The nuclear envelope disintegrates and the centrioles each move to the opposite end of the cell, leaving behind a wide trail of protein spindle fibres, called microtubules, running from one centriole to the other.
The bivalents line themselves up in the middle of the cell, and the centromeres of one chromatid pair is attached to one pole of the microtubule, whilst the other chromatid pair is attached to the microtubule from the opposite pole.
Here due to independent assortment, the orientation of the chromatids in the bivalents takes place whilst lining up is random, and so introduces further variation in addition to crossing over in the process of meiosis.
The spindle fibres pull the homologous chromosomes to the opposite poles.
Halving of the chromosome number has occurred but the chromosomes are still in the form of chromatid pairs. The group of chromatids assemble at opposite ends of the cell. Due to crossing over, the chromatids are not genetically identical. The spindle fibres disintegrate and a nuclear envelope forms around the chromatid pairs at each end. A crease called a cleavage forms in the middle of the cell and the cell separates by a process called cytokinesis.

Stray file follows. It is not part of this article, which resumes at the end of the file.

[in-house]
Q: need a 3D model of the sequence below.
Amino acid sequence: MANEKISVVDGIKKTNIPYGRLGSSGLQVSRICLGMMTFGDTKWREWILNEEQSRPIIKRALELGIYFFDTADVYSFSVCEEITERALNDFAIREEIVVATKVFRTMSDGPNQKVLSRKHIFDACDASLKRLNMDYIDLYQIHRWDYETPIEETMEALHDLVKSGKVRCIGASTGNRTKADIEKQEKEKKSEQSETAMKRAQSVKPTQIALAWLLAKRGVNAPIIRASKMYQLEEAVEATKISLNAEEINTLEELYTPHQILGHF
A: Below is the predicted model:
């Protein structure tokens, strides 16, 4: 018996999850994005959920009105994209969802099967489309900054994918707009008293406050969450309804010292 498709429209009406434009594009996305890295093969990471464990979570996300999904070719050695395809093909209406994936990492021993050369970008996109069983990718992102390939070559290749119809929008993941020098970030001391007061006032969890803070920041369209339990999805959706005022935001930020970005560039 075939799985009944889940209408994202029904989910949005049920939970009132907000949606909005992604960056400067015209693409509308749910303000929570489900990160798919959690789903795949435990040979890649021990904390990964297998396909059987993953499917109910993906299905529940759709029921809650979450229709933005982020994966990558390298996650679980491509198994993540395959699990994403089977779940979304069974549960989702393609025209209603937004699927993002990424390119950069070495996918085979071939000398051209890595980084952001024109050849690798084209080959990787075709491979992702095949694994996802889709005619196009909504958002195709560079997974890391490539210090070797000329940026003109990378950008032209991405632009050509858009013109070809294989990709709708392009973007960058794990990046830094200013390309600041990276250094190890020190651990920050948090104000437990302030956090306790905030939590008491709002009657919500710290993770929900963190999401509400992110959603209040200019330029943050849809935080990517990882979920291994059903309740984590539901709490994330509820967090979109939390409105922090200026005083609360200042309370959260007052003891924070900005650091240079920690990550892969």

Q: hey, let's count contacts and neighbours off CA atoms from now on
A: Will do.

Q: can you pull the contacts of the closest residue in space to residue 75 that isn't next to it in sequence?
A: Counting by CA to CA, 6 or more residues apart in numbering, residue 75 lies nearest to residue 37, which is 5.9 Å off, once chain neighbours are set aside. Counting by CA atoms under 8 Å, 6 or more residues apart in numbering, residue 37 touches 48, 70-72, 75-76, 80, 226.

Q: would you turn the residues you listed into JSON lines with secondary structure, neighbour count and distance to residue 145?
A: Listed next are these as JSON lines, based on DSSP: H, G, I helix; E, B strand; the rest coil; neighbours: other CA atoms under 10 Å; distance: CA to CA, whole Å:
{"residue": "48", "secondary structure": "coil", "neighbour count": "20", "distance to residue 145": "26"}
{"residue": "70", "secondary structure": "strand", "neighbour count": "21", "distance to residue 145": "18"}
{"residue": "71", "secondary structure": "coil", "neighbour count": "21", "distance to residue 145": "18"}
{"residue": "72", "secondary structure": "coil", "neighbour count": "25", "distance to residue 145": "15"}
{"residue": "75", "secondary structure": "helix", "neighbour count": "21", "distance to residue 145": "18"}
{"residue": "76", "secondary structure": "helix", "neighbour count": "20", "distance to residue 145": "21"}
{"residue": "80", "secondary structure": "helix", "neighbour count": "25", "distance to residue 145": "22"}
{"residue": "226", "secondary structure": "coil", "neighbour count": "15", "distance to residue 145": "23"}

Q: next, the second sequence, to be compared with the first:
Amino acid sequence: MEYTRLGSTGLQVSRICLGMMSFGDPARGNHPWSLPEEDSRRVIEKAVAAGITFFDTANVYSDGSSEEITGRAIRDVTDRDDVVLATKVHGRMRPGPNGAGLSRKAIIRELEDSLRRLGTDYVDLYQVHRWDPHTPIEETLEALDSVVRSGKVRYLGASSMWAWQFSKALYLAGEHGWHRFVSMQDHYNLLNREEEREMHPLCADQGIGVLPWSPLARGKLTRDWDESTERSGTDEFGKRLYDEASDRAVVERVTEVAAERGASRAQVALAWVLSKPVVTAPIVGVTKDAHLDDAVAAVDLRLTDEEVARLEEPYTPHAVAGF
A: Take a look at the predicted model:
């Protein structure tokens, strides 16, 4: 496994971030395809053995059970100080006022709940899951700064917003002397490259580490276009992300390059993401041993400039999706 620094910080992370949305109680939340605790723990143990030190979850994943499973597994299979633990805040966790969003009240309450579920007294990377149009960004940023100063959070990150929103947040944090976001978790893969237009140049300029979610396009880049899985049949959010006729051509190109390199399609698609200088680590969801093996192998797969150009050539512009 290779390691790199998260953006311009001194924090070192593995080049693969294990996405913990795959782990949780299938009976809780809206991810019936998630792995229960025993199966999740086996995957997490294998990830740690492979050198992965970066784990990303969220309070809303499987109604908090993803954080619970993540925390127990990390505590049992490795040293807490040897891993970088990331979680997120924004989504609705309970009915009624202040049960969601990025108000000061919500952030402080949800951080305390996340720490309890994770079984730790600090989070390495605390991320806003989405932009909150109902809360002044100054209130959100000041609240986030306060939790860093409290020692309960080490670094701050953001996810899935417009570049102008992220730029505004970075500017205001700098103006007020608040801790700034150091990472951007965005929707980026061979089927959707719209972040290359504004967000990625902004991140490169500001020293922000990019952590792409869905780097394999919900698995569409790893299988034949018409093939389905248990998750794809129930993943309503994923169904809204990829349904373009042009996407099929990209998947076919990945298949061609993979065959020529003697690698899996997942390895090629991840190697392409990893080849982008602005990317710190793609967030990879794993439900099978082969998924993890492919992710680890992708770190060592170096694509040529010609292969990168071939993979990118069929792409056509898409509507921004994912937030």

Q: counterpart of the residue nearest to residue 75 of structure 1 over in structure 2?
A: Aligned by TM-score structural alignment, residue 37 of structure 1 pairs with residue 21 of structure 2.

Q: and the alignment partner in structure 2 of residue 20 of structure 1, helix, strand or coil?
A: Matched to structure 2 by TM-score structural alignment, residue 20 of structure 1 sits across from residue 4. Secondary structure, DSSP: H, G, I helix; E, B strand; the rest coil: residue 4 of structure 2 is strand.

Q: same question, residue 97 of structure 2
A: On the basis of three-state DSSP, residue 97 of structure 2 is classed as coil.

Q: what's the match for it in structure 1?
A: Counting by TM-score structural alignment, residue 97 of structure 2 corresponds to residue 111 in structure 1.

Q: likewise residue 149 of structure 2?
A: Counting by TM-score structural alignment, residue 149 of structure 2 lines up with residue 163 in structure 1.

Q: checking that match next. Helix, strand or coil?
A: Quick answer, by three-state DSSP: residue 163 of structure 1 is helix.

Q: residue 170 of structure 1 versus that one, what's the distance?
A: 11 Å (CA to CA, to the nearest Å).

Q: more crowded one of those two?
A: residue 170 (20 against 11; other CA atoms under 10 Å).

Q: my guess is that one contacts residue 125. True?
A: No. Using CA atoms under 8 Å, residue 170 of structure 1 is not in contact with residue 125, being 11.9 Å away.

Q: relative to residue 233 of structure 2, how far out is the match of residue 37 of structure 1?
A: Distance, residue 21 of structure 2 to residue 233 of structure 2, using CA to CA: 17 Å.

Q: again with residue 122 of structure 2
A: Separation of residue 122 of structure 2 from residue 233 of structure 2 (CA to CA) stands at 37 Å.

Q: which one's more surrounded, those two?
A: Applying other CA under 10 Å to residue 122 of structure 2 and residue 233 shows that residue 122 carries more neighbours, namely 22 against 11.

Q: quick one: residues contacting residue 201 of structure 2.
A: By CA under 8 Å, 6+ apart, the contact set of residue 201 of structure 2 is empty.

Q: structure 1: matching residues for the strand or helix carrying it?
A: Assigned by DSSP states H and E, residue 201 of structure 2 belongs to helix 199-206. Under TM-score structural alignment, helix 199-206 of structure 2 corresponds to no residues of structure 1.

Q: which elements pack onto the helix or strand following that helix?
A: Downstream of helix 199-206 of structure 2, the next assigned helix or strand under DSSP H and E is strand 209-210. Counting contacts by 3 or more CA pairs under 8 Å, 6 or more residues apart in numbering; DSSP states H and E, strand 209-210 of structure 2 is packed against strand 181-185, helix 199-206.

Two daughter cells are formed.
The centrioles duplicate again and move to the opposite poles of the cell. The nuclear envelope disintegrates and the chromatid pairs shorten and thicken and new spindle fibres appear.
The chromatid pairs line up in the centre of the cells and the spindle fibres attach to the centromeres.
The chromatid pairs separate and the individual chromosomes are pulled to the opposite poles by the action of the spindle fibres.
The group of individual chromosomes assemble at opposite ends of the cell. The spindle fibres disintegrate and a nuclear envelope forms around the chromosomes at each end. The chromosomes uncoil and lengthen back to chromatin. A crease called a cleavage forms in the middle of the cell and the cell separates by a process called cytokinesis.
Four daughter cells have been produced from the original single parent cell with each cell now containing half the number of chromosomes (haploid) of the original parent cell.
The haploid daughter cells will specialise into gametes i.e. sperm or egg cells. These fuse to form a fertilised egg (zygote) by means of sexual reproduction which will develop into a child. Therefore the child receives half its chromosomes from the mother and half from its father. Men and women produce millions of gametes (sperm and egg cells) and the process of one sperm cell finding one egg cell is random and so this along with independent orientation and crossing over contributes to genetic variation and why offspring are different to their parents and siblings.